Trump Tweet-Storm Settles on Ex-Chief of Staff John Kelly

WASHINGTON (CN) — Continuing his attacks on central figures from his impeachment, President Donald Trump tweet-unloaded Thursday against his former White House Chief of Staff John Kelly.

“When I terminated John Kelly, which I couldn’t do fast enough, he knew full well that he was way over his head,” Trump tweeted. “Being Chief of Staff just wasn’t for him. He came in with a bang, went out with a whimper, but like so many X’s, he misses the action & just can’t keep his mouth shut.”

White House Chief of Staff John Kelly, right, leans in to talk with President Donald Trump on June 27, 2018, at the White House Oval Office. (AP Photo/Pablo Martinez Monsivais)

Trump’s tweets refer to comments Kelly made a day earlier at an event at Drew University in defense of Lt. Col. Alexander Vindman, a national security official and star witness in the president’s impeachment inquiry.

Kelly, a four-star Marine Corps general whom the president dismissed in December 2018, said Wednesday that Vindman had abided by military protocol he learned as a soldier when he alerted his superiors to Trump’s misconduct.

“We teach them, ‘Don’t follow an illegal order and if you’re every given one, you’ll raise it to whoever gives it to you that this is an illegal order, and then tell your boss,’” Kelly said.

Kelly continued by saying: “Through the Obama administration up until that phone call, the policy of the U.S. was militarily to support Ukraine in their defensive fight against … the Russians. And so, when the president said that continued support would be based on X, that essentially changed and that’s what that guy [Vindman] was most interested in.”

The White House removed Vindman from his post last week, only two days after the Republican-controlled Senate acquitted the president on two articles of impeachment, abuse of power and obstruction of Congress, that sailed through the Democrat-run House.

The New York Times reported last year that Kelly and Trump butted heads over granting security access to Jared Kushner, the president’s son-in-law and senior adviser. Kelly reportedly wrote in a memo then that he was “ordered” to give top-secret clearance to Kushner, whom intelligence officials feared would be taken advantage of by United Arab Emirates, Chinese and Israeli officials, due to his lack of experience.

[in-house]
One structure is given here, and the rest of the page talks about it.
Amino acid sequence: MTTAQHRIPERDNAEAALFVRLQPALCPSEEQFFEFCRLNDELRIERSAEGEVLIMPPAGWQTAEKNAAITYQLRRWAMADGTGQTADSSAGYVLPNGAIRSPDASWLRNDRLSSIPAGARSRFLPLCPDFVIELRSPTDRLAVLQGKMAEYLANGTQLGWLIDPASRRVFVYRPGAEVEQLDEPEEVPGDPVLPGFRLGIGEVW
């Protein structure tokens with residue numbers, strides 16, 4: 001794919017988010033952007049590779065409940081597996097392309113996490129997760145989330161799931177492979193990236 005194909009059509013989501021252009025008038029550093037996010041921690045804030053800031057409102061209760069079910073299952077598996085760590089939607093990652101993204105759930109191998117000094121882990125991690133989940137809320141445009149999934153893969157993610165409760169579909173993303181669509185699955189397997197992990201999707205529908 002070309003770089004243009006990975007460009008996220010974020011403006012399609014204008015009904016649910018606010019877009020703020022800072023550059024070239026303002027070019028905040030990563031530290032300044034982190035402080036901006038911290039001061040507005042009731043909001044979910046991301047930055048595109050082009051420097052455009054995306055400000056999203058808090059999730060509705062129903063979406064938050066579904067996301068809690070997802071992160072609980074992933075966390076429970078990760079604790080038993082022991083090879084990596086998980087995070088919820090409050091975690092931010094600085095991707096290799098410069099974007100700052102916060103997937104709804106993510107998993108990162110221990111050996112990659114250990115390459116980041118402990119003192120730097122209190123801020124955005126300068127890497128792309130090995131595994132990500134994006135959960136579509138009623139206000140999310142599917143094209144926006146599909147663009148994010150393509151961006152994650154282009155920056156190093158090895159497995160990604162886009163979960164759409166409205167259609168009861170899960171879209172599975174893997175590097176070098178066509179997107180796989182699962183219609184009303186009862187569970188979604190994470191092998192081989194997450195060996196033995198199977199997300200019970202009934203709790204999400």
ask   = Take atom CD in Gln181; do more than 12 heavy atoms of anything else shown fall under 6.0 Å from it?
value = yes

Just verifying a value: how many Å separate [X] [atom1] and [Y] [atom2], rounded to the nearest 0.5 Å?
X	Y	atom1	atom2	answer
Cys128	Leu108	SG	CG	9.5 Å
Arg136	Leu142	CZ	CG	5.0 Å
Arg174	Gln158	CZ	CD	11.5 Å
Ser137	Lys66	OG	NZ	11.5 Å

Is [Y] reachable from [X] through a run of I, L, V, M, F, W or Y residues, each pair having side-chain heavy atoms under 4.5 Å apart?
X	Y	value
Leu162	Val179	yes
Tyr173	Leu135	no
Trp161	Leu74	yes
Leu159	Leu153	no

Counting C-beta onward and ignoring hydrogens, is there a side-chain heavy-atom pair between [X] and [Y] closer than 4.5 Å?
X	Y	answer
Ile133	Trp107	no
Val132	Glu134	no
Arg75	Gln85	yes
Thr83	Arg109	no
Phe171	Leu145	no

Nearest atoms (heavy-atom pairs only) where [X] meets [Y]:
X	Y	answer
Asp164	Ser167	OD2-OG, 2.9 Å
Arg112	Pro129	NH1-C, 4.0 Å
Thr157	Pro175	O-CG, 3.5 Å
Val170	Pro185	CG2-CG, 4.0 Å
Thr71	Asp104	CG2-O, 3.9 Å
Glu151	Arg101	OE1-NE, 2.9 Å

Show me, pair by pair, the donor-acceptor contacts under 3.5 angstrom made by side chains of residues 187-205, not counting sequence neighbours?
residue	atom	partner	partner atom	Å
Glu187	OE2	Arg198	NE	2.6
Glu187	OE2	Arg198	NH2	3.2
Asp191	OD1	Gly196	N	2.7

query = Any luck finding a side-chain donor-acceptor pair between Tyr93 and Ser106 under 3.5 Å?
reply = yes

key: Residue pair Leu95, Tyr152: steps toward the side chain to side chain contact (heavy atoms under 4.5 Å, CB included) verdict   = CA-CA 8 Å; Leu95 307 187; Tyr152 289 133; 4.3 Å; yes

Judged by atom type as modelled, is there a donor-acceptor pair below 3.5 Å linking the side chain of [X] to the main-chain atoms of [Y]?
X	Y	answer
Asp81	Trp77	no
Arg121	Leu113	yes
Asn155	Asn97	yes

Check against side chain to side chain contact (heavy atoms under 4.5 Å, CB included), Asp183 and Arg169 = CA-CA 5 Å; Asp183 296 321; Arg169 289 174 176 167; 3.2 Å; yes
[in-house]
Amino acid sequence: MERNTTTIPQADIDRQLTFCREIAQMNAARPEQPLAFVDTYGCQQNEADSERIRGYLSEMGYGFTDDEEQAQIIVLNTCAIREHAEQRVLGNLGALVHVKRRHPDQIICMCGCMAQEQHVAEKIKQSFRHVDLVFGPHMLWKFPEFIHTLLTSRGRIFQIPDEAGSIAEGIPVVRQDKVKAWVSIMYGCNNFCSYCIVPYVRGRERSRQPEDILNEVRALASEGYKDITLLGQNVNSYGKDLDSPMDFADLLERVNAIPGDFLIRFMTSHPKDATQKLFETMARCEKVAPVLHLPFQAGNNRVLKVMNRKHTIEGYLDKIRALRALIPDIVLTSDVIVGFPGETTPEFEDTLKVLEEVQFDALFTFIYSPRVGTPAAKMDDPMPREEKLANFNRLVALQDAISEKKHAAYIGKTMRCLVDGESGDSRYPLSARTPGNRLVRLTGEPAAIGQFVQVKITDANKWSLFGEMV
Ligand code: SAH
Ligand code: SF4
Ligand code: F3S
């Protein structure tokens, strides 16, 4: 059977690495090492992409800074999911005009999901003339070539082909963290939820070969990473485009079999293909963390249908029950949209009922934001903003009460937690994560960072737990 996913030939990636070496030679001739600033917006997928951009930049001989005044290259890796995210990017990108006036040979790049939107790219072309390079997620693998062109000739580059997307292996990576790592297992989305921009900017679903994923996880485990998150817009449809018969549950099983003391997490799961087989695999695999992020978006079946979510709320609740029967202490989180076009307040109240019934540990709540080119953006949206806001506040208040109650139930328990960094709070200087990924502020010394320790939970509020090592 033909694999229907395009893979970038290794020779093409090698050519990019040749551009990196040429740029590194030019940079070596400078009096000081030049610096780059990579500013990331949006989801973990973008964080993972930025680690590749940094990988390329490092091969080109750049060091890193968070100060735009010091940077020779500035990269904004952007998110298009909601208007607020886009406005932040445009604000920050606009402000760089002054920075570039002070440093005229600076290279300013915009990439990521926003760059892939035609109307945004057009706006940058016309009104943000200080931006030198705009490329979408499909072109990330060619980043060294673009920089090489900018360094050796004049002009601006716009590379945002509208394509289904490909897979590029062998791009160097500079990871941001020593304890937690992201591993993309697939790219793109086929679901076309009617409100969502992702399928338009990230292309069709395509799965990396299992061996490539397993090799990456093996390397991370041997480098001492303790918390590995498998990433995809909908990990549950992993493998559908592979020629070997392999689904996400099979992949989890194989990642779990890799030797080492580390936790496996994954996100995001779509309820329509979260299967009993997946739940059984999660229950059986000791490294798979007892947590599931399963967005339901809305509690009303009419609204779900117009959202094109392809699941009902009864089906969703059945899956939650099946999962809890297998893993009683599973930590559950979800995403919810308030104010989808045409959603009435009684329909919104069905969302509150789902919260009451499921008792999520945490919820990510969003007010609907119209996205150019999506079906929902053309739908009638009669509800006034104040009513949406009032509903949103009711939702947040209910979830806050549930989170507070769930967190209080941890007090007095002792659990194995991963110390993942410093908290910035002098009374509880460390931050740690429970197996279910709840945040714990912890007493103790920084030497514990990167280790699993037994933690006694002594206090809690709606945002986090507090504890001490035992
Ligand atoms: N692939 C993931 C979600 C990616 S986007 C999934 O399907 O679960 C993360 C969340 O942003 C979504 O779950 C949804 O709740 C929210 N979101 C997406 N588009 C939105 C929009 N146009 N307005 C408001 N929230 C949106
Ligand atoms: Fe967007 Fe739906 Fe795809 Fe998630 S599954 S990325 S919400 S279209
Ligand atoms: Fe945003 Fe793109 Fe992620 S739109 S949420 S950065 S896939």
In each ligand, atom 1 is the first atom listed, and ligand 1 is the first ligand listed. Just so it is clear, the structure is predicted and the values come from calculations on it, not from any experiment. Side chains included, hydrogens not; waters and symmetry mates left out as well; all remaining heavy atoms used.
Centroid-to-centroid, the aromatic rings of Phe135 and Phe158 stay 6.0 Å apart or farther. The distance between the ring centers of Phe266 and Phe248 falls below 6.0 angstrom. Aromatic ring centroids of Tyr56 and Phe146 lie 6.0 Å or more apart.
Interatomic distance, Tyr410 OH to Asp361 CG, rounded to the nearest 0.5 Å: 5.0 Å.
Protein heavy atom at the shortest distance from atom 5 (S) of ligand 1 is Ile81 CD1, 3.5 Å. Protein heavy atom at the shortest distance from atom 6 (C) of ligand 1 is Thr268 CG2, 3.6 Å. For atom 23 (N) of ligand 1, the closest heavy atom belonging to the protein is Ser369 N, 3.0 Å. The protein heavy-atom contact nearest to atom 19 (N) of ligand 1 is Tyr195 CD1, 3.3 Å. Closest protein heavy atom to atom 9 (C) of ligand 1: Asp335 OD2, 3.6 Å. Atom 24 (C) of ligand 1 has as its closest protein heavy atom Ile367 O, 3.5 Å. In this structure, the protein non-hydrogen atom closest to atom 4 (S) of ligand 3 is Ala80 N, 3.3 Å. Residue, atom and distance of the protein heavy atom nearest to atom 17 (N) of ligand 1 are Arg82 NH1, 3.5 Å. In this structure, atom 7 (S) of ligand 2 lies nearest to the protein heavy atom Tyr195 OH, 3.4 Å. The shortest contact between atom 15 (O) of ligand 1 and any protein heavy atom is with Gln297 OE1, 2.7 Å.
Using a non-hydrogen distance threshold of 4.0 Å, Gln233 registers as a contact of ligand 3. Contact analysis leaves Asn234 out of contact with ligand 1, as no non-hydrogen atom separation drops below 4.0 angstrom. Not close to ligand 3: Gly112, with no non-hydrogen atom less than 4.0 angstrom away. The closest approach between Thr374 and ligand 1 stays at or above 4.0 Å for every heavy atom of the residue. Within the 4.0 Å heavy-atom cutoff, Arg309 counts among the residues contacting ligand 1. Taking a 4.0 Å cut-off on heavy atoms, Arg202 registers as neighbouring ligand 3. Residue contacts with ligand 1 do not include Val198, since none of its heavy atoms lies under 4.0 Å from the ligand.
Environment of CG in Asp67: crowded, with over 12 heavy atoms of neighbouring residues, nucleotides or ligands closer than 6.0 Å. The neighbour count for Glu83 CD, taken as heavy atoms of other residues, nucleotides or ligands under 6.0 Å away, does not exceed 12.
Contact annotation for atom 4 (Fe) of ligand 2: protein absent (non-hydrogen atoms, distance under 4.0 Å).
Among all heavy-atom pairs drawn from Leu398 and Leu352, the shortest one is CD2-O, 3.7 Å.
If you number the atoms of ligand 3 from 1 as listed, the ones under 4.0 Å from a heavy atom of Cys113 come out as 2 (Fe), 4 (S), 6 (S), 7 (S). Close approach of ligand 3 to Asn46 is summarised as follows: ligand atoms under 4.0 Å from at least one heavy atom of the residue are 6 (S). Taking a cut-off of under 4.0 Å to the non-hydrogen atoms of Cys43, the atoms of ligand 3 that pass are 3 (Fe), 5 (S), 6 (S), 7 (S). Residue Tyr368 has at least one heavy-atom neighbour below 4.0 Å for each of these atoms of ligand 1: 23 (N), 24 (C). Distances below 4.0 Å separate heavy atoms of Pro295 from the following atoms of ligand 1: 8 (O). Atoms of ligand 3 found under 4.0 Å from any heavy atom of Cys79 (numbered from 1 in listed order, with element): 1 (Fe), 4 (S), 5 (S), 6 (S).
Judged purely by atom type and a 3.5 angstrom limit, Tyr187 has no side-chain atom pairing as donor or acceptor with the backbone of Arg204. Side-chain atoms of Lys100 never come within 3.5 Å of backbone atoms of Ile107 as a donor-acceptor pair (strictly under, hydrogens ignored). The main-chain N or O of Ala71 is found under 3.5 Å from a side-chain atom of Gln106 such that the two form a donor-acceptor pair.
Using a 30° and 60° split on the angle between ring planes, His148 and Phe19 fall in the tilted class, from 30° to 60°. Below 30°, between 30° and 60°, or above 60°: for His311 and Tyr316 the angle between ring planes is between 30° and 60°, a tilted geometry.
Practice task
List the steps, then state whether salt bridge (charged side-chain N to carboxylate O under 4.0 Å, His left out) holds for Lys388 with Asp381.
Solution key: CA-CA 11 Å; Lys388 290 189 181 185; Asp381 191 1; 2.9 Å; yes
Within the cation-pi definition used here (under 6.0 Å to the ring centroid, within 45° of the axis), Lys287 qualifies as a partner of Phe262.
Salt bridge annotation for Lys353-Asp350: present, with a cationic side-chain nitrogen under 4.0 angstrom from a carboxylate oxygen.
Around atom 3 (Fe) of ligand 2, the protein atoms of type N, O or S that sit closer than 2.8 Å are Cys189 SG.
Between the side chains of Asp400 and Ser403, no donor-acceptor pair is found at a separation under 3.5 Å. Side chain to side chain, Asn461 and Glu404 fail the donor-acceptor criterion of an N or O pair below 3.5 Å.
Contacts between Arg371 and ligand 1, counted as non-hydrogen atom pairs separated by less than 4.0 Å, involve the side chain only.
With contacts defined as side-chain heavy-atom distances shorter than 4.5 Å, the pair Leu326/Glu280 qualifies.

The president voiced his displeasure with Vindman the same day of the Purple Heart recipient’s dismissal.

“Well, I’m not happy with him. Do you think I’m supposed to be happy with him? I’m not,” Trump said last Friday.

Former White House Chief of Staff John Kelly, speaks Wednesday at the Mayo Performing Arts Center in Morristown, N.J. (Karen Mancinelli/Drew University via AP)

Kelly didn’t stop his criticisms on the Trump administration at the defense of Vindman. Speaking for 75 minutes Wednesday, Kelly also said he didn’t think Trump’s Southern border wall needed to extend “from sea to shining sea,” or that migrants generally were bad people — an insult Trump has hurled at people from Central America immigrating to the U.S.

“In fact, they’re overwhelmingly good people,” Kelly said. “They’re not all rapists, and they’re not all murders, and it’s wrong to characterize them that way. I disagreed with the president a number of times.”

Responding in an accompanying tweet to his earlier attacks Thursday, Trump said it was Kelly’s military and legal obligation to keep his opinion on the Trump administration to himself.

“His incredible wife, Karen, who I have a lot of respect for, once pulled me aside & said strongly that ‘John respects you greatly. When we are no longer here, he will only speak well of you,’” Trump tweeted. “Wrong!”

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